Despite our exhaustive search for non-animal tested plant protein manufacturers meeting our guidelines, none were found to satisfy both our criteria and the market demand. Consequently, we made the decision to accept these ingredients for several reasons. Firstly, major manufacturers of plant-based proteins have undergone these animal feed trials to comply with FDA regulations, leaving them with no viable alternatives. Secondly, we recognize the importance of providing consumers with a diverse range of vegan options, including products bearing the Certified Vegan logo, to facilitate the adoption of plant-based diets. Thirdly, labeling plant-based protein products as “not vegan acceptable” would deter consumers from choosing these options, perpetuating animal suffering within the food industry and hindering progress towards a more ethical world with fewer animals consumed.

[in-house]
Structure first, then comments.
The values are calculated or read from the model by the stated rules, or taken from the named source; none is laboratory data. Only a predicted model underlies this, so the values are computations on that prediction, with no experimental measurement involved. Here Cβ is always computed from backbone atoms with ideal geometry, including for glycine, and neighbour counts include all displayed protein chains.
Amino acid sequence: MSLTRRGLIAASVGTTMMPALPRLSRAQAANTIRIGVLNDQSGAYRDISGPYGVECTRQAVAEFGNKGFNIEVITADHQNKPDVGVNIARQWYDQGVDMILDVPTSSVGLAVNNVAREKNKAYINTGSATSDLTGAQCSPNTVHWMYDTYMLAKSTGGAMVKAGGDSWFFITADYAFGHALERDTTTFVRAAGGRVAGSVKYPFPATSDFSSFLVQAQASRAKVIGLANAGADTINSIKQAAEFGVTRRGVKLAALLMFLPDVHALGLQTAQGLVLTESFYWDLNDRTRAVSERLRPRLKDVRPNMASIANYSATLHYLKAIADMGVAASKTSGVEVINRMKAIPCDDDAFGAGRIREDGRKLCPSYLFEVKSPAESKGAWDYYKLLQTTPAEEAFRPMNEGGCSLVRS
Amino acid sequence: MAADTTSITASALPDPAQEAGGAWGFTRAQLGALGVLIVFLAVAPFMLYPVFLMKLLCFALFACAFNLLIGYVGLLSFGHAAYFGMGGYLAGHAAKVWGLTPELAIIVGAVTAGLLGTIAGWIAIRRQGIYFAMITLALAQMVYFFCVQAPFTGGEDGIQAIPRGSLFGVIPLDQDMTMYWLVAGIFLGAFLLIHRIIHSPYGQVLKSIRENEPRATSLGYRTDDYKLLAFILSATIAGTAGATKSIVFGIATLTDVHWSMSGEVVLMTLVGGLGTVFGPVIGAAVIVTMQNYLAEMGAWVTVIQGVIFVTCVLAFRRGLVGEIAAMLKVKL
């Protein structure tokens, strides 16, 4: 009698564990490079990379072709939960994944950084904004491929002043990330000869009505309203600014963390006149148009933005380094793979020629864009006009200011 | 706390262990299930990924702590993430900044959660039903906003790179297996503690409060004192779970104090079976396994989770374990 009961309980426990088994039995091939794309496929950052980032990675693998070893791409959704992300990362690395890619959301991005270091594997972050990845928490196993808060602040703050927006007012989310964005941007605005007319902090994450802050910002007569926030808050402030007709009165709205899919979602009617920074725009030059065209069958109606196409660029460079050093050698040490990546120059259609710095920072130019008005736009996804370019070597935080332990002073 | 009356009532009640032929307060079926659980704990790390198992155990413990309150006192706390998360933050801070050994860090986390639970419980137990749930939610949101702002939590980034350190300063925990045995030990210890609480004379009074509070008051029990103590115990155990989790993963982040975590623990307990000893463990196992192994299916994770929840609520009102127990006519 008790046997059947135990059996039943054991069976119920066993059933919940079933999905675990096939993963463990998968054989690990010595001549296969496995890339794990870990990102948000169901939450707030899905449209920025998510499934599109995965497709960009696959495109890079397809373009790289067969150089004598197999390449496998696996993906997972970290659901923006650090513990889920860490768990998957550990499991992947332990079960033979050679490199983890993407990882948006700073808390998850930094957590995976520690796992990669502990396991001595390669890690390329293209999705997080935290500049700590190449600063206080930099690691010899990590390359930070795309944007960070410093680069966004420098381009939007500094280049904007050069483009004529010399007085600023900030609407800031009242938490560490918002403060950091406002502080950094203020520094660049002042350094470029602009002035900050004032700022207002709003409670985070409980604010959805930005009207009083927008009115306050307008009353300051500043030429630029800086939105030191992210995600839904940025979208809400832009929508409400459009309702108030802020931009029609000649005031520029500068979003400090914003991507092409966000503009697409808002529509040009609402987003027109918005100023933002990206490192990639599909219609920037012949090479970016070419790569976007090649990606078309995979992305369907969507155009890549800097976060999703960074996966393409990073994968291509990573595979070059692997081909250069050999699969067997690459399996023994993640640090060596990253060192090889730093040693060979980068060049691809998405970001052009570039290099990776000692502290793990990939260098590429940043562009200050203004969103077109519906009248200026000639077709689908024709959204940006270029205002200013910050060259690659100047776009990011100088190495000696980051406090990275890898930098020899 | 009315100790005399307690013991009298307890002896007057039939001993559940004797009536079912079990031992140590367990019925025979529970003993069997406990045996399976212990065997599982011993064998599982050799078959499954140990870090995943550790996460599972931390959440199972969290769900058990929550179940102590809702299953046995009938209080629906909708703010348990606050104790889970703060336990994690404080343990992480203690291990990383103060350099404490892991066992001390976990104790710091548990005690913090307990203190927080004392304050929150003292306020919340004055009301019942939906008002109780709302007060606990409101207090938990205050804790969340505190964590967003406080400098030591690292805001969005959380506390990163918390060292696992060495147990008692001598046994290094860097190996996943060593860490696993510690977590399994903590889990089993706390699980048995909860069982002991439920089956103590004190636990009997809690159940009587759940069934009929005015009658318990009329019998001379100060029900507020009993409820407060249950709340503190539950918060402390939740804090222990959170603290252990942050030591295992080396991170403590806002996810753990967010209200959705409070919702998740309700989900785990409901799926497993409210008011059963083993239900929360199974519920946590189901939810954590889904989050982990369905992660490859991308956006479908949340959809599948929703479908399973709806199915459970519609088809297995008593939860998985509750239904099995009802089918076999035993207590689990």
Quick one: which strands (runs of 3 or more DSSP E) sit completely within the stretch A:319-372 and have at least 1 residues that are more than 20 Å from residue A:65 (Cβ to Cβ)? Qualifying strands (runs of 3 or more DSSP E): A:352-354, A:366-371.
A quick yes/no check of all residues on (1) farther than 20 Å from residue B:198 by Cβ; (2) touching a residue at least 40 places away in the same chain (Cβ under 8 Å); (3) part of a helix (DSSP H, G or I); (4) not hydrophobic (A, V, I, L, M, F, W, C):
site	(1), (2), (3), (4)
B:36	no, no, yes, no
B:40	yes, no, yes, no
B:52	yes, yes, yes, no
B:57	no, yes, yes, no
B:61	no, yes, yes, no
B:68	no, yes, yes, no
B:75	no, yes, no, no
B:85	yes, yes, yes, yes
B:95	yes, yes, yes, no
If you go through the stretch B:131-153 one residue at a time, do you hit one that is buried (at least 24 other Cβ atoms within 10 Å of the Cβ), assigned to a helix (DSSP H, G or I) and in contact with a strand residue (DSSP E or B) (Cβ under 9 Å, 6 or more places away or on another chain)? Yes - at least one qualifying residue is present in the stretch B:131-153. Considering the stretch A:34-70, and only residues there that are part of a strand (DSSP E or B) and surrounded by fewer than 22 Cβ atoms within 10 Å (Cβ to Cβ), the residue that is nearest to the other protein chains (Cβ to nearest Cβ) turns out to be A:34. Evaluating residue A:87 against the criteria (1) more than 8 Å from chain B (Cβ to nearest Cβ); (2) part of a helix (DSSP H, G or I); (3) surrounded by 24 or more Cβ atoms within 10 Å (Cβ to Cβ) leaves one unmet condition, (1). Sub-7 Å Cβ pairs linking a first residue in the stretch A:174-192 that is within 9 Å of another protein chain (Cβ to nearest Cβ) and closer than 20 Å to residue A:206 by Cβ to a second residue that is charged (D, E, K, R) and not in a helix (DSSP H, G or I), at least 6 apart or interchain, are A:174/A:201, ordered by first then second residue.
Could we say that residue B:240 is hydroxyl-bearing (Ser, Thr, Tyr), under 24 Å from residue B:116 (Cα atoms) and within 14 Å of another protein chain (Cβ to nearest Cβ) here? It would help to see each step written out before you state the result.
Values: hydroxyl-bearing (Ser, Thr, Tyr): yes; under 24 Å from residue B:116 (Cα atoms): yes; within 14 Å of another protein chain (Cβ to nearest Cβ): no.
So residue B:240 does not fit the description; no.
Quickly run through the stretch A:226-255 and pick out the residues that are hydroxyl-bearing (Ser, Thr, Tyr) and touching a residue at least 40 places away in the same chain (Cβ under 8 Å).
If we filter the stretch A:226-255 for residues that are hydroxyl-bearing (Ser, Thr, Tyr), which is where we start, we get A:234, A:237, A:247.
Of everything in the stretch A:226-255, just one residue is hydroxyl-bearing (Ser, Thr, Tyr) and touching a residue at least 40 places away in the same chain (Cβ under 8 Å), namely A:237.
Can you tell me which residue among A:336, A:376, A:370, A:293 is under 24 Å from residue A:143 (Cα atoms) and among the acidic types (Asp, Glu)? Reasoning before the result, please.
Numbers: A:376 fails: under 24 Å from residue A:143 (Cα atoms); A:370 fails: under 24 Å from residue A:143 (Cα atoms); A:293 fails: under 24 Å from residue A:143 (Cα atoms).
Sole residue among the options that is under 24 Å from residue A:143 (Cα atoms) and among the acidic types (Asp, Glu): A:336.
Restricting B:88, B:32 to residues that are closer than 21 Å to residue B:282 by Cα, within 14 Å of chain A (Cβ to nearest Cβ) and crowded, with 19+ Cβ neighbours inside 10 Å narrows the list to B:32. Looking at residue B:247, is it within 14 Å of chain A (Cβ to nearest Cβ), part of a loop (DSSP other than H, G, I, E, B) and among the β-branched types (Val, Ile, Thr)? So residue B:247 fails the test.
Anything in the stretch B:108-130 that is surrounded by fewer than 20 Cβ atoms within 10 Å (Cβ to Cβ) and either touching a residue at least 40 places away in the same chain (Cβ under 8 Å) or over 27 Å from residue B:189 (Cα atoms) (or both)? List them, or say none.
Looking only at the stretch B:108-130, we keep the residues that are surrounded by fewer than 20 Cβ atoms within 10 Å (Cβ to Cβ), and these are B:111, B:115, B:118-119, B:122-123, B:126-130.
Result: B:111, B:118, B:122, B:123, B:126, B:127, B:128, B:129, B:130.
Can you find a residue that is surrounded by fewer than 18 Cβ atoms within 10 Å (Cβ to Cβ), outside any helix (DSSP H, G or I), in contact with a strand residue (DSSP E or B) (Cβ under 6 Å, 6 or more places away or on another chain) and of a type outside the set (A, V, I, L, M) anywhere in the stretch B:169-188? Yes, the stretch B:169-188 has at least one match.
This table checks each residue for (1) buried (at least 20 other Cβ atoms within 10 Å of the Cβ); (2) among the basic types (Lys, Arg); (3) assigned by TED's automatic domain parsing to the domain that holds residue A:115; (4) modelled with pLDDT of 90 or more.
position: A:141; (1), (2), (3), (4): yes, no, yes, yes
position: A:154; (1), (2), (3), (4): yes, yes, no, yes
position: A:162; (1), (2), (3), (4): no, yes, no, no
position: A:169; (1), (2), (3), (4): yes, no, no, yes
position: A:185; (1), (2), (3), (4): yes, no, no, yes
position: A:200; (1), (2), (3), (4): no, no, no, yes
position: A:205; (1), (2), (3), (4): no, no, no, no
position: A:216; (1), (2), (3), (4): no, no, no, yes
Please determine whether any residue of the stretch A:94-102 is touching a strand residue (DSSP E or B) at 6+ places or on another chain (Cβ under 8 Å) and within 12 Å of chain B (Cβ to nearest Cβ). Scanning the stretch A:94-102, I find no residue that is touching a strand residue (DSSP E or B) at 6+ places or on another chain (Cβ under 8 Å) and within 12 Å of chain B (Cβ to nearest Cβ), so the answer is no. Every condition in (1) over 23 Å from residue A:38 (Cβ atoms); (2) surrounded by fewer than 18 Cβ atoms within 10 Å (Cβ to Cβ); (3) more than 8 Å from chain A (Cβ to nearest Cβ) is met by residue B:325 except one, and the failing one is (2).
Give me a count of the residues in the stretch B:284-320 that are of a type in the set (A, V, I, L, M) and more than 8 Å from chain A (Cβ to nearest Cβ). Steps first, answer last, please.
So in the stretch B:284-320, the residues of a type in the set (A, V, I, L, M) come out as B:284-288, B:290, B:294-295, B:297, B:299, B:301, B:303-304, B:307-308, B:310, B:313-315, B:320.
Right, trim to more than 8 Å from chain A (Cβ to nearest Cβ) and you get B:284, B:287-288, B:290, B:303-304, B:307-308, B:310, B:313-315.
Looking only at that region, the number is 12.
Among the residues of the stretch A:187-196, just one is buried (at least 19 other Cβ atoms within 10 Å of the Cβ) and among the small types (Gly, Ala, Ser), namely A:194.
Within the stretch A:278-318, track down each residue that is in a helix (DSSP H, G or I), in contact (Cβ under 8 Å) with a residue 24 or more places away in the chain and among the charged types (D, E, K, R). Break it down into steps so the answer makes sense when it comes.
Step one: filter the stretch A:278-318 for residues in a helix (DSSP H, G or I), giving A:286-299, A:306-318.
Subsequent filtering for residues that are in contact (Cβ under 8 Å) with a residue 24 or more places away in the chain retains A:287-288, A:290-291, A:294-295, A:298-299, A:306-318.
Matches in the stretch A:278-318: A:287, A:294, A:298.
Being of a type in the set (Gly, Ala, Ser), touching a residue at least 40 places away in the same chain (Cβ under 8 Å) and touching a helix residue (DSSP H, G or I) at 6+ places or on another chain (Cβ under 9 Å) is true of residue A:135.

Moreover, once manufacturers have completed PDCAAS evaluations, the FDA does not mandate repeated animal feed trials to maintain product compliance. While we acknowledge that not everyone may agree with this decision, we firmly believe it serves the best interests of animals and urge your continued support for our mission.

We maintain stringent guidelines within our I’m Vegan program, prohibiting the use of any ingredient or product that has been tested on non-human animals. This encompasses various forms of testing, including feed trials, skin tests, and nutrition panels. Consequently, certain pet foods have been deemed ineligible for Vegan Certification due to their involvement in animal testing.